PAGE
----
C'Mon n' Ride It (The Train)

10 Bucks Or Less: Bob's Train

Bob's Train is a cocoon of twinkling cheer on a raw, ugly day.

By Cooper Levey-Baker February 25, 2016

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My 4-year-old, Theo, is obsessed with trains, which means I, of course, am likewise obsessed with trains. And so, on a raw, ugly day in Sarasota, I find myself climbing the stairs to board Bob's Train.

Bob's sits adjacent to a pothole-laden concrete lot that spreads out next to a strand of train tracks just north of Fruitville Road, east of downtown. The train is actually comprised of four cars: one for eating, a couple for exploring and a fourth that remains in disrepair. Thirteen tables line the walls of the main dining car. Heavy blue velvet drapes block out the windows, which otherwise just offer views of a fence and some weeds. Lanterns hang from the wall above each table, next to salt, pepper and sugar caddies built out of small model trains. Green-string Christmas lights line the curved upper walls on each side, filling the space with twinkling cheer and turning the long car into a warm cocoon protecting us from the raging gray outside.

Most of the tables are taken up—apparently we're not alone in craving some choo-choo food today. Bob's menu hits the standard notes: burgers, hot dogs, tilapia sandwiches, Sunday brunch, etc. Sodas and cold drinks come out in red Solo cups, poured out from a small bar near the back of the car. As we wait for our food, the family and I explore the rest of Bob's environs. The scent of the deep fryer and the sizzle of patties fills the second car, the smell and sound coming from a small kitchen tucked away on the left. That's where you find Bob Horne, the man behind the train, quickly filling orders delivered to him by the eatery's one server.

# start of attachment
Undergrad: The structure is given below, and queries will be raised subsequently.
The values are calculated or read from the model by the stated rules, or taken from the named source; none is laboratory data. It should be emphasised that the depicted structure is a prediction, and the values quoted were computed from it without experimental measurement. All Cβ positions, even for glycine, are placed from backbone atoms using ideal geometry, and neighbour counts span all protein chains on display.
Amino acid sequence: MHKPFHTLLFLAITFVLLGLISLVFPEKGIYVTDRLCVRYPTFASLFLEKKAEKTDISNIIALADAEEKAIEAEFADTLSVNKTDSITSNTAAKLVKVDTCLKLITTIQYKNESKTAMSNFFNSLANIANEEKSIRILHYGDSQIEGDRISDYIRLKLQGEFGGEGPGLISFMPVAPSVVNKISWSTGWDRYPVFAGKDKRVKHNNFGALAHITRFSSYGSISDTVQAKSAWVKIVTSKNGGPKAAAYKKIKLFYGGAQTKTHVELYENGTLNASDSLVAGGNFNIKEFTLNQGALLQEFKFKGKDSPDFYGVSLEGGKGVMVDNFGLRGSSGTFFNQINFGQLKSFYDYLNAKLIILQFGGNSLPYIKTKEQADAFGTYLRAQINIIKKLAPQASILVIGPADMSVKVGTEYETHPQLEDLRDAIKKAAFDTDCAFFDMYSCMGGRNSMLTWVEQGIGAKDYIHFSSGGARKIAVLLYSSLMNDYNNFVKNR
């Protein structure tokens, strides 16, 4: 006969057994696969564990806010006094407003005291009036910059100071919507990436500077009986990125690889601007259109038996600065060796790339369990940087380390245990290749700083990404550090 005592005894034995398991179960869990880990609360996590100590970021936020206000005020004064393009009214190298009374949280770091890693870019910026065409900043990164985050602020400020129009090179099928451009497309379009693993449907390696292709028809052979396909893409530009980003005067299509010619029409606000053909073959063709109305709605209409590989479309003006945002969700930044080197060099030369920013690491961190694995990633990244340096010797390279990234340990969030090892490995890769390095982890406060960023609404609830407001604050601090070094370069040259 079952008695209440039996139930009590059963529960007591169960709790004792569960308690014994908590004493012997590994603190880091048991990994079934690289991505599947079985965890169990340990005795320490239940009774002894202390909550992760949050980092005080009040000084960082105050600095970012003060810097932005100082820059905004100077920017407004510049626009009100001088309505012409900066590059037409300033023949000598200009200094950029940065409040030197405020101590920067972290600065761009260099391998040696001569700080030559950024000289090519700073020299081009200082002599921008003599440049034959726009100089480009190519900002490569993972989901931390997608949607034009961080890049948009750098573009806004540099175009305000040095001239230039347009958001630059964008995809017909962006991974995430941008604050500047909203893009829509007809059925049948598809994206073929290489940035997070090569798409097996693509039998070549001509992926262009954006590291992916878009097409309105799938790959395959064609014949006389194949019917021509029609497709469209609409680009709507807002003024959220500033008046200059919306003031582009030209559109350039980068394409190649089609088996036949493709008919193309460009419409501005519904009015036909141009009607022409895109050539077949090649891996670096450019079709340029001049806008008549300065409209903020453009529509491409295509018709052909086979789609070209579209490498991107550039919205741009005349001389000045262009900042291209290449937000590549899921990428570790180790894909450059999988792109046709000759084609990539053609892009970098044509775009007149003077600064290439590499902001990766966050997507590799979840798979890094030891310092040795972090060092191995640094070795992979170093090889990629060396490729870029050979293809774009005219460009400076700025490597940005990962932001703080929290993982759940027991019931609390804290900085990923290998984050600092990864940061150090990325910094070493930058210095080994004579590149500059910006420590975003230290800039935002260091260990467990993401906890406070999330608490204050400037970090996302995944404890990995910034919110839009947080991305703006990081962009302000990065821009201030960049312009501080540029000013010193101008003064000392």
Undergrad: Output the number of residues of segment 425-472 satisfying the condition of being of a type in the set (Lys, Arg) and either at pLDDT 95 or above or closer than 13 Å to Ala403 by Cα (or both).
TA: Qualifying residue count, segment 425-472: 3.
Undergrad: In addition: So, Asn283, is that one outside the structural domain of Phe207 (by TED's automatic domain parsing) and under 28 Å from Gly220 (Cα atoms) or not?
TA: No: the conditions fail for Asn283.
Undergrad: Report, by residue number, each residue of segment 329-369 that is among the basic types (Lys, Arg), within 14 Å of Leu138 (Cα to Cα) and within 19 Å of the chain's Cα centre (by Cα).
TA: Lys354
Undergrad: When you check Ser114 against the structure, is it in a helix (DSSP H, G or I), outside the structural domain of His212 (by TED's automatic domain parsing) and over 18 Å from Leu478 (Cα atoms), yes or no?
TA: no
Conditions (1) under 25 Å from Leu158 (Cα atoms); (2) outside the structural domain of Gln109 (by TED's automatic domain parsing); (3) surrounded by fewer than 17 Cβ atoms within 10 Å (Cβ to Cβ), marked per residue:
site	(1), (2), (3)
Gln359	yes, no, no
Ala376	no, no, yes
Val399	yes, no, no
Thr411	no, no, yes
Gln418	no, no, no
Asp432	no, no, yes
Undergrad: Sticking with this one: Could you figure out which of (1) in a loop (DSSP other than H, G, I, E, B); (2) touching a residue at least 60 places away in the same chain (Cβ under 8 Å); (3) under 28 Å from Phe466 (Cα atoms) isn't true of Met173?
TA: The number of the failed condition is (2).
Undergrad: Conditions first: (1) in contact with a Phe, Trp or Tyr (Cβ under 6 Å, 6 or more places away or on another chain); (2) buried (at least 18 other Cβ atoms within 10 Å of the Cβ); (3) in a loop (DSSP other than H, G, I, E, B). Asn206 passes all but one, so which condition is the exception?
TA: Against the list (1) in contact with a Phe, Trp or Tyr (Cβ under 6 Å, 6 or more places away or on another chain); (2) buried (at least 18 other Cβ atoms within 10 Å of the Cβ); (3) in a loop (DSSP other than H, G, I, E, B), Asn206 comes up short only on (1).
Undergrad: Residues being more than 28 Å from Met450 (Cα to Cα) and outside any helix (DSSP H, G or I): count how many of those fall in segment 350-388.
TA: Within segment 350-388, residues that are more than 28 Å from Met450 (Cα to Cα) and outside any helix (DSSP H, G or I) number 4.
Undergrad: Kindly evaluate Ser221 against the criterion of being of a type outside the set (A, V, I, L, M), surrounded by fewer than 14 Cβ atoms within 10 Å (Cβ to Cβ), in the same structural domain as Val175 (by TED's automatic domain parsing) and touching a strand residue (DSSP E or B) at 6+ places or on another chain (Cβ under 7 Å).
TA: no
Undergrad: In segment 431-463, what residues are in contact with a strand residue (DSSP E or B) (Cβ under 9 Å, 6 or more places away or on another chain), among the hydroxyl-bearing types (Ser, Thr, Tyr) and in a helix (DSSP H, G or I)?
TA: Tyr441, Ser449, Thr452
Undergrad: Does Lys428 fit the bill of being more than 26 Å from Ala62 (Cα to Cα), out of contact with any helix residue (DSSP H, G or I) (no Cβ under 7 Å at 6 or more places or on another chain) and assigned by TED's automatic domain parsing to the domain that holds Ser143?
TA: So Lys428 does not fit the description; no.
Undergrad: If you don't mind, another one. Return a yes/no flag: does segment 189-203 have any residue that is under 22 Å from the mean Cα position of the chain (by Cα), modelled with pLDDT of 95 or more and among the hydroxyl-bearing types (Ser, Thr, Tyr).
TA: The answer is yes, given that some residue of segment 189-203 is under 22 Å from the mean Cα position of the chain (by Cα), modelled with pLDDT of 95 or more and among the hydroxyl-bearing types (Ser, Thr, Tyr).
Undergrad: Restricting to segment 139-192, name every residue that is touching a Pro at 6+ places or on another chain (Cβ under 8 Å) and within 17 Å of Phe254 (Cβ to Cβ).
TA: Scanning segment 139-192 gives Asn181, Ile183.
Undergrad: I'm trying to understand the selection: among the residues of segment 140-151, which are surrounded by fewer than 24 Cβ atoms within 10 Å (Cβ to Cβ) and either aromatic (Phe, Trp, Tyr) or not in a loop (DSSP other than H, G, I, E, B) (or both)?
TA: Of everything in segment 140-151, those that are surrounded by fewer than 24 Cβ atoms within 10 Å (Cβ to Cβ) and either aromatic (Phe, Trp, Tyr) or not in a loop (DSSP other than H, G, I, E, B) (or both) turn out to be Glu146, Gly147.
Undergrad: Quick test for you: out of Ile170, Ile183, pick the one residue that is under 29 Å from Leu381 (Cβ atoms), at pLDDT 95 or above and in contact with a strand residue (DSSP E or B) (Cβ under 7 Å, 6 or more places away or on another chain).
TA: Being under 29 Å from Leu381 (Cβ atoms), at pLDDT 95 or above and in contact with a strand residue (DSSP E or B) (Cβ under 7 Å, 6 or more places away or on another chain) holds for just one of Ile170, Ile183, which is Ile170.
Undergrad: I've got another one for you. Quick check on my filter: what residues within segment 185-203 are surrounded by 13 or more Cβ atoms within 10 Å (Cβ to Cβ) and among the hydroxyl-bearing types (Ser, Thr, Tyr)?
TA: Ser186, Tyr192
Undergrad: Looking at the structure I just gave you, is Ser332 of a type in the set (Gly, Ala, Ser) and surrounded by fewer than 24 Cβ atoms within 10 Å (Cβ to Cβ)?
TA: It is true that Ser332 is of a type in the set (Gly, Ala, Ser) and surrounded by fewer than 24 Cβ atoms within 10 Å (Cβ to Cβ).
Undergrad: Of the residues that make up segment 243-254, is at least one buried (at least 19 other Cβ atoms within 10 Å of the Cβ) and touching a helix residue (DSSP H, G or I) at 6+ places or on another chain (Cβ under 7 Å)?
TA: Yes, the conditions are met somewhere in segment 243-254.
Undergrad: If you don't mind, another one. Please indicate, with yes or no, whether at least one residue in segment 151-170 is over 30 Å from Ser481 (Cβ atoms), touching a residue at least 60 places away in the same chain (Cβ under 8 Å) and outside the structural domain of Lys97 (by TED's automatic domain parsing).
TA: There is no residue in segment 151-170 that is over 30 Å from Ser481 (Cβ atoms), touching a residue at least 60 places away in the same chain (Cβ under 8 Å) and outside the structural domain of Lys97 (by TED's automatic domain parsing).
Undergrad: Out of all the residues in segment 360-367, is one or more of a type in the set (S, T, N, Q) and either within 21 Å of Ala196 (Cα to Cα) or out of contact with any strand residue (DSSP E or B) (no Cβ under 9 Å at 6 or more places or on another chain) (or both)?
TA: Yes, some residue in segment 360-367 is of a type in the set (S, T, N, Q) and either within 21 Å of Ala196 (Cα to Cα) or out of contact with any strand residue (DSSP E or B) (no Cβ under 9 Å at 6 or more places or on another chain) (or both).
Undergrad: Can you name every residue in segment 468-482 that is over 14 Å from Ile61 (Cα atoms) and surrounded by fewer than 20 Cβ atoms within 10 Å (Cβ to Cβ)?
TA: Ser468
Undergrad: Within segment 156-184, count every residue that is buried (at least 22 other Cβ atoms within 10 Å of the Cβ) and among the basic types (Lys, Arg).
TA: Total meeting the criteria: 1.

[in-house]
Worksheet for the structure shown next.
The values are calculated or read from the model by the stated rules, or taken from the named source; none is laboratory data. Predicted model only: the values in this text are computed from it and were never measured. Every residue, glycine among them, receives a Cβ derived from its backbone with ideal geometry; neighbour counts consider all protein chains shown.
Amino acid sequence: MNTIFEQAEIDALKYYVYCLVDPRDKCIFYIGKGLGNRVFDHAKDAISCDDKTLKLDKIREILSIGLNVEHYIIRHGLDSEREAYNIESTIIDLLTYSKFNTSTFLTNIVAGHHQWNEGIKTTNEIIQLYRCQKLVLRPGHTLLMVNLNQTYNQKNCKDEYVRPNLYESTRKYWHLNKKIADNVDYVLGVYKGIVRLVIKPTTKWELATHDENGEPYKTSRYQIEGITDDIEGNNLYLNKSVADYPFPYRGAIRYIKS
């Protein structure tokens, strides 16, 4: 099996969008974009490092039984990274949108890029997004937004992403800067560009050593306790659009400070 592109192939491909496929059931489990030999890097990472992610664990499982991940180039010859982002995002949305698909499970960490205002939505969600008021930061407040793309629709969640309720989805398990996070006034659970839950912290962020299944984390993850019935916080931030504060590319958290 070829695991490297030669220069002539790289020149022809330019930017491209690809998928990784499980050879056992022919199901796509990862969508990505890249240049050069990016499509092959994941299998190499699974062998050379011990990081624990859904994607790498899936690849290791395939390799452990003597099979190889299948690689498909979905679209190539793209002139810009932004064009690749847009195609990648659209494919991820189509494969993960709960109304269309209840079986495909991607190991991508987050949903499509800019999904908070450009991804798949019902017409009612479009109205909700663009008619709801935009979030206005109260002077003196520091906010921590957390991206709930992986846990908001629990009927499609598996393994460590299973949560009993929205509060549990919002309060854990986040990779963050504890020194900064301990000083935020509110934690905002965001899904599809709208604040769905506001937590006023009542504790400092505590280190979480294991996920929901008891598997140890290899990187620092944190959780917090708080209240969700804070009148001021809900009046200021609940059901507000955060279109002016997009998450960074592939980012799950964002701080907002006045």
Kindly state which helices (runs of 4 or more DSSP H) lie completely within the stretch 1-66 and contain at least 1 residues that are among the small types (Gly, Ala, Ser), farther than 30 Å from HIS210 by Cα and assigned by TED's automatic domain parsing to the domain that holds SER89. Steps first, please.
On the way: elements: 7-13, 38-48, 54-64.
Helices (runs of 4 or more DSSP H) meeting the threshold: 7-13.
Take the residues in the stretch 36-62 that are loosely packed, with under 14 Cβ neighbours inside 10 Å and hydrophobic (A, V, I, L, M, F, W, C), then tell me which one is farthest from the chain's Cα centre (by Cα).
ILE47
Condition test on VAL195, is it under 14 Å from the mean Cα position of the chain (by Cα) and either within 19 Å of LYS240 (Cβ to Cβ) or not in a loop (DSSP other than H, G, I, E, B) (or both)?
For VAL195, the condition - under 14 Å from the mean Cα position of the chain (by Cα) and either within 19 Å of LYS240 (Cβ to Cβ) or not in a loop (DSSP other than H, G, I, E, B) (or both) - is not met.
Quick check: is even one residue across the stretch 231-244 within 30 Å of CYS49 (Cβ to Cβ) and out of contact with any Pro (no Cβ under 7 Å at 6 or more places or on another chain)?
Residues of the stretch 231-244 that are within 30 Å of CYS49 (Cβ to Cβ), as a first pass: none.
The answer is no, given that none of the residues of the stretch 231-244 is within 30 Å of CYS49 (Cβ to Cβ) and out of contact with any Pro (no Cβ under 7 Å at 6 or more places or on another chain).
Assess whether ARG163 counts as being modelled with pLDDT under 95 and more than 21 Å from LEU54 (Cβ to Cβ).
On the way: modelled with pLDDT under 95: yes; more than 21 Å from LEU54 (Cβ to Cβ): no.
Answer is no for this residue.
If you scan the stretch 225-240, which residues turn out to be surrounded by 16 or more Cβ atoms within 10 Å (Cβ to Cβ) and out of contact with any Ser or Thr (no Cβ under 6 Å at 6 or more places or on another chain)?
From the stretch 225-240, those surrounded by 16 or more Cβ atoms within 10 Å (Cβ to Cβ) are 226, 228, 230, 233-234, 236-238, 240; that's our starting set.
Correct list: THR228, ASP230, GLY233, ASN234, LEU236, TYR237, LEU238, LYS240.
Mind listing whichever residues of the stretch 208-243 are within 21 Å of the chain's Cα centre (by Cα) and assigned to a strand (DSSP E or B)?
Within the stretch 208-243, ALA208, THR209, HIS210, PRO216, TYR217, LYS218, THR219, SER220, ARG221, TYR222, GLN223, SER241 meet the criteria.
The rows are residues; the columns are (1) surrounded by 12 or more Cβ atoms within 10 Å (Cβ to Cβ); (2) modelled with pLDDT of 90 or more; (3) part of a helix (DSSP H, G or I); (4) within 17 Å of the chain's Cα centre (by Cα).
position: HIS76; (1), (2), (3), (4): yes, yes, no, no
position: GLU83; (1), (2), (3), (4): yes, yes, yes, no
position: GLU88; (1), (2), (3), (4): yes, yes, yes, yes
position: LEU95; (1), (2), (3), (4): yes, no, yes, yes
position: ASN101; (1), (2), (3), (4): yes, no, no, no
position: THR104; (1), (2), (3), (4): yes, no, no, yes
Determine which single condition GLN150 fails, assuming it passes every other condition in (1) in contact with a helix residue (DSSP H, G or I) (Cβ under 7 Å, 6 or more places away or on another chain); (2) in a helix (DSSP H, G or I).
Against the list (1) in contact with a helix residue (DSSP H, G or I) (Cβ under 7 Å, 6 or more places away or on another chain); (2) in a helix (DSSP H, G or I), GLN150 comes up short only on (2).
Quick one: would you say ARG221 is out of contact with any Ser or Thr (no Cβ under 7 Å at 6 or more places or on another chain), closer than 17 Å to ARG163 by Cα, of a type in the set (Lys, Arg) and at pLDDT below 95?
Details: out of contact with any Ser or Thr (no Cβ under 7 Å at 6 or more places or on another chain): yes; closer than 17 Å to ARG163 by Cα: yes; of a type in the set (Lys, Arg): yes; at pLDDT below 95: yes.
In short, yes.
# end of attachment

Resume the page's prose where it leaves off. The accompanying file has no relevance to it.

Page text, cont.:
Outside the kitchen, the hallway is lined with hundreds and hundreds of vintage photos and posters. The third car, where the walls are covered with even more memorabilia, is completely deserted. Theo stretches his legs, vrooming a Lego train he's brought along for the occasion.

You'll notice I'm spending most of my space here describing the Bob's Train atmosphere. That's because, in truth, that's what makes the spot worth visiting—not the food. My cheeseburger ($8.65) is adequate, cooked well done with a ring of provolone on top. The tomato is shockingly red and tasty, but if the highlight of a burger is the tomato, well... your boiler might be busted.  Rachel's bacon mushroom cheeseburger ($11.75) comes out cheese-less, but she reports that the sautéed mushrooms are tasty and her beef is nicely crusted. On the side of both our dishes sits a welcome handful of homemade potato chips, but they're inconsistent—some crispy, some soggy. Again, OK. Theo's sauerkraut hot dog ($5.90) tastes good, but it's not a draw. Neither is the service—harried today thanks to an uptick in the number of customers.

So should you visit? Fizzling fireboxes, yes. How many other opportunities will you have in your lifetime to eat inside a train car? Trains remain the world's best, most glamorous way to get around, but for some reason we in America have forgotten all that. I'm glad I've got a 4-year-old to remind me.

Bob's Train is located at 2211 Fruitville Road, Sarasota. It is open 11 a.m.-2 p.m. Monday and Tuesday; 11 a.m.-2 p.m. and 5-8 p.m. Wednesday, Thursday and Friday; 5-8 p.m. Saturday; and 10:30 a.m.-2 p.m. Sunday. For more info, call (941) 321-5643 or visit bobstrain.com.

Follow Cooper Levey-Baker’s never-ending quest for cheap food on Twitter. Email him at [email protected]. 

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